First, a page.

There is no removable motherboard tray. This missing feature alone may cause the casual seeker to pass the ATC-600 up in favor of another case. At first glance, it may seem that the small space would be packed too tightly to have engineered a proper motherboard tray, but even after filling the case with hardware, there is plenty of vertical and horizontal (both width and length) space. A motherboard tray was doable. It occurred to this writer that structural integrity may be compromised if there were a removable tray, but not being an engineer, this thought was left strictly to speculation.
 
Here we see one of the side air-intake fans. Notice its proximity to the drive mount? This becomes an issue that I will address further below.
 
Taking a much closer look insides: on the left, one sees USB and Firewire cables, and PC speaker assembly. On the right, the bundled reset, power, LED, etc. wires.
 
The USB cables are standard and will attach to any motherboard that has the proper options. They are long enough to reach the back of the case with slack to route around PCI cards, the IDE cables, etc. The Firewire cable, on the other hand, is actually kind of a jury-rigged affair. It is a standard external male 6-pin connector. To connect the cable to a Firewire card, and assuming it does not have an internal female 6-pin input, one must route it OUT the back and into the proper card. This is how I was forced to connect the cable. Not pretty.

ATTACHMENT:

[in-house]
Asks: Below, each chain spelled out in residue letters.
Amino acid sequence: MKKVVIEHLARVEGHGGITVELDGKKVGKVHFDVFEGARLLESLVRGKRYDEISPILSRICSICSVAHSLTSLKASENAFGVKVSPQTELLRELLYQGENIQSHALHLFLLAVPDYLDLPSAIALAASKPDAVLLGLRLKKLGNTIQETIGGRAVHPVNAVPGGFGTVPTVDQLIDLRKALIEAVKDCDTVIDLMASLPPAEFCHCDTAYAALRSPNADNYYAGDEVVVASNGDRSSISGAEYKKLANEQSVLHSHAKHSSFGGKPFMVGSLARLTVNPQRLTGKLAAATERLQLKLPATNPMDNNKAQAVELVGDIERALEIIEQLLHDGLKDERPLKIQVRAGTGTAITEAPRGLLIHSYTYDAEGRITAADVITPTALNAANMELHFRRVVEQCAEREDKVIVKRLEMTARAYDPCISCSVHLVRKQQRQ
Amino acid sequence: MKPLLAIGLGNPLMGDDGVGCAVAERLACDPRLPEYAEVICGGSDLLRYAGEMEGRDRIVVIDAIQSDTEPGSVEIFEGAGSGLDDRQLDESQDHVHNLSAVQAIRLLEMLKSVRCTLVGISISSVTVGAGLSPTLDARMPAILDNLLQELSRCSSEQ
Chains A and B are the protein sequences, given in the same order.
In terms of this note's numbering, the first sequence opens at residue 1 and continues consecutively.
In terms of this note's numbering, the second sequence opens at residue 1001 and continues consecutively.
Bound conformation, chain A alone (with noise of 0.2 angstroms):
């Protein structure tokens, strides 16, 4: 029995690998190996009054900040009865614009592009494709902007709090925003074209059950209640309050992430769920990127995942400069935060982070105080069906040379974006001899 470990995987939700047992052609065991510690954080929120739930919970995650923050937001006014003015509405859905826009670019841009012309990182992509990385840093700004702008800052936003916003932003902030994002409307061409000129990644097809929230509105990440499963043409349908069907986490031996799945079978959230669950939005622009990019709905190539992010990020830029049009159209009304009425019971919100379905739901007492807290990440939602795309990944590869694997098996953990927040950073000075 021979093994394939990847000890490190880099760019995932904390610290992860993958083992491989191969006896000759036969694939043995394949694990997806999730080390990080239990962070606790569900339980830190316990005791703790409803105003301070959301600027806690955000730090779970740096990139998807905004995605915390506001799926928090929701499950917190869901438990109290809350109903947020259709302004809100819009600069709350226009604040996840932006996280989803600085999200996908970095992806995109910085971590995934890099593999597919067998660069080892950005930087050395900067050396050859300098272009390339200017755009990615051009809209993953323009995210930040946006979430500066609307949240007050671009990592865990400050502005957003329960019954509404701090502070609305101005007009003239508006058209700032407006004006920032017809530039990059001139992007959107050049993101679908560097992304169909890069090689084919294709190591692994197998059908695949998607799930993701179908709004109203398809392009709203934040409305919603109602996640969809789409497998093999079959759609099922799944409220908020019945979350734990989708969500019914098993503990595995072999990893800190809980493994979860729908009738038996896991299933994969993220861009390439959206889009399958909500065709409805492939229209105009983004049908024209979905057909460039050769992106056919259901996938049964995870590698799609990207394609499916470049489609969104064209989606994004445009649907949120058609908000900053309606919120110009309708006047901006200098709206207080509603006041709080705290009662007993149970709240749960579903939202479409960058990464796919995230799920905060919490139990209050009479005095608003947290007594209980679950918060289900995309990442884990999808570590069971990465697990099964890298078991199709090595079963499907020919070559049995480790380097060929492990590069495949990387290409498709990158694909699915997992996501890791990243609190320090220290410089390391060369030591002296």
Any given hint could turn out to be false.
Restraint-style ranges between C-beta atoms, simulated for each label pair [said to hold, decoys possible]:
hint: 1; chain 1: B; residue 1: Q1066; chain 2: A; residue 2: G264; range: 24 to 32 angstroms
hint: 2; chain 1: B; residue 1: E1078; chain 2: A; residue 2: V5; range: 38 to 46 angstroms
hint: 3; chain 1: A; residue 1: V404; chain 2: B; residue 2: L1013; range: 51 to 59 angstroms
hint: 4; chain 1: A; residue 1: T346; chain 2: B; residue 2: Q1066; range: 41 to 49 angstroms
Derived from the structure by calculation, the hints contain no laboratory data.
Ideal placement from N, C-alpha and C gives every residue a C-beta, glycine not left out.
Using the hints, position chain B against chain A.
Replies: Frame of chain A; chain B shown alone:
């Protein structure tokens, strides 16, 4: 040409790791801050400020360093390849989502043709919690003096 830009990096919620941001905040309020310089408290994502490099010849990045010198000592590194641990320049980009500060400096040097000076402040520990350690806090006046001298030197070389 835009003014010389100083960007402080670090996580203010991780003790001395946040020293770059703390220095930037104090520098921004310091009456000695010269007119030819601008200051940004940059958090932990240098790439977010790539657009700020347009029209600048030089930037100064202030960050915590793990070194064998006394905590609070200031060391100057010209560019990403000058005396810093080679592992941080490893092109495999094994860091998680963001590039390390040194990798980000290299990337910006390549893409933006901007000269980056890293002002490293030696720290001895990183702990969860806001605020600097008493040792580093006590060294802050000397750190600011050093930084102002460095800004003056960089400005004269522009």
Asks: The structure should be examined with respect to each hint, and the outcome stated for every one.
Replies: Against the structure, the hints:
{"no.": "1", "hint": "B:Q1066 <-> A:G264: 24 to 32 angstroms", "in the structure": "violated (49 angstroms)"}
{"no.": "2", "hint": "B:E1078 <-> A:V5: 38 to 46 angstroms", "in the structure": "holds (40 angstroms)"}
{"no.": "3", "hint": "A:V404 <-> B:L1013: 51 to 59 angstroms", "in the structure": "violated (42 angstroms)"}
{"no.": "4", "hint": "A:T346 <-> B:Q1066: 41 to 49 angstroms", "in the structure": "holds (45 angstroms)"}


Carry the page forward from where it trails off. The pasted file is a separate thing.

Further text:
You may have noticed in some of the images that the mount points for the motherboard, the drive trays, etc. have actual bolts sunk into the aluminum. This allows you overzealous types to torque your heart away attaching the brass motherboard mounts. If instead you were forced to screw directly into aluminum, I am fairly certain one would strip the threading almost instantly.
 
One very minor design flaw reared its ugly head when I began installing the motherboard and its PCI cards. Careful inspection revealed that the metal shims have an about 1-2 mm give when pressed in, as illustrated in the picture. The chances of vibration or other annoyances can be greatly reduced by tightening the thumbscrews down with a screwdriver, rather than relying upon one's fingers.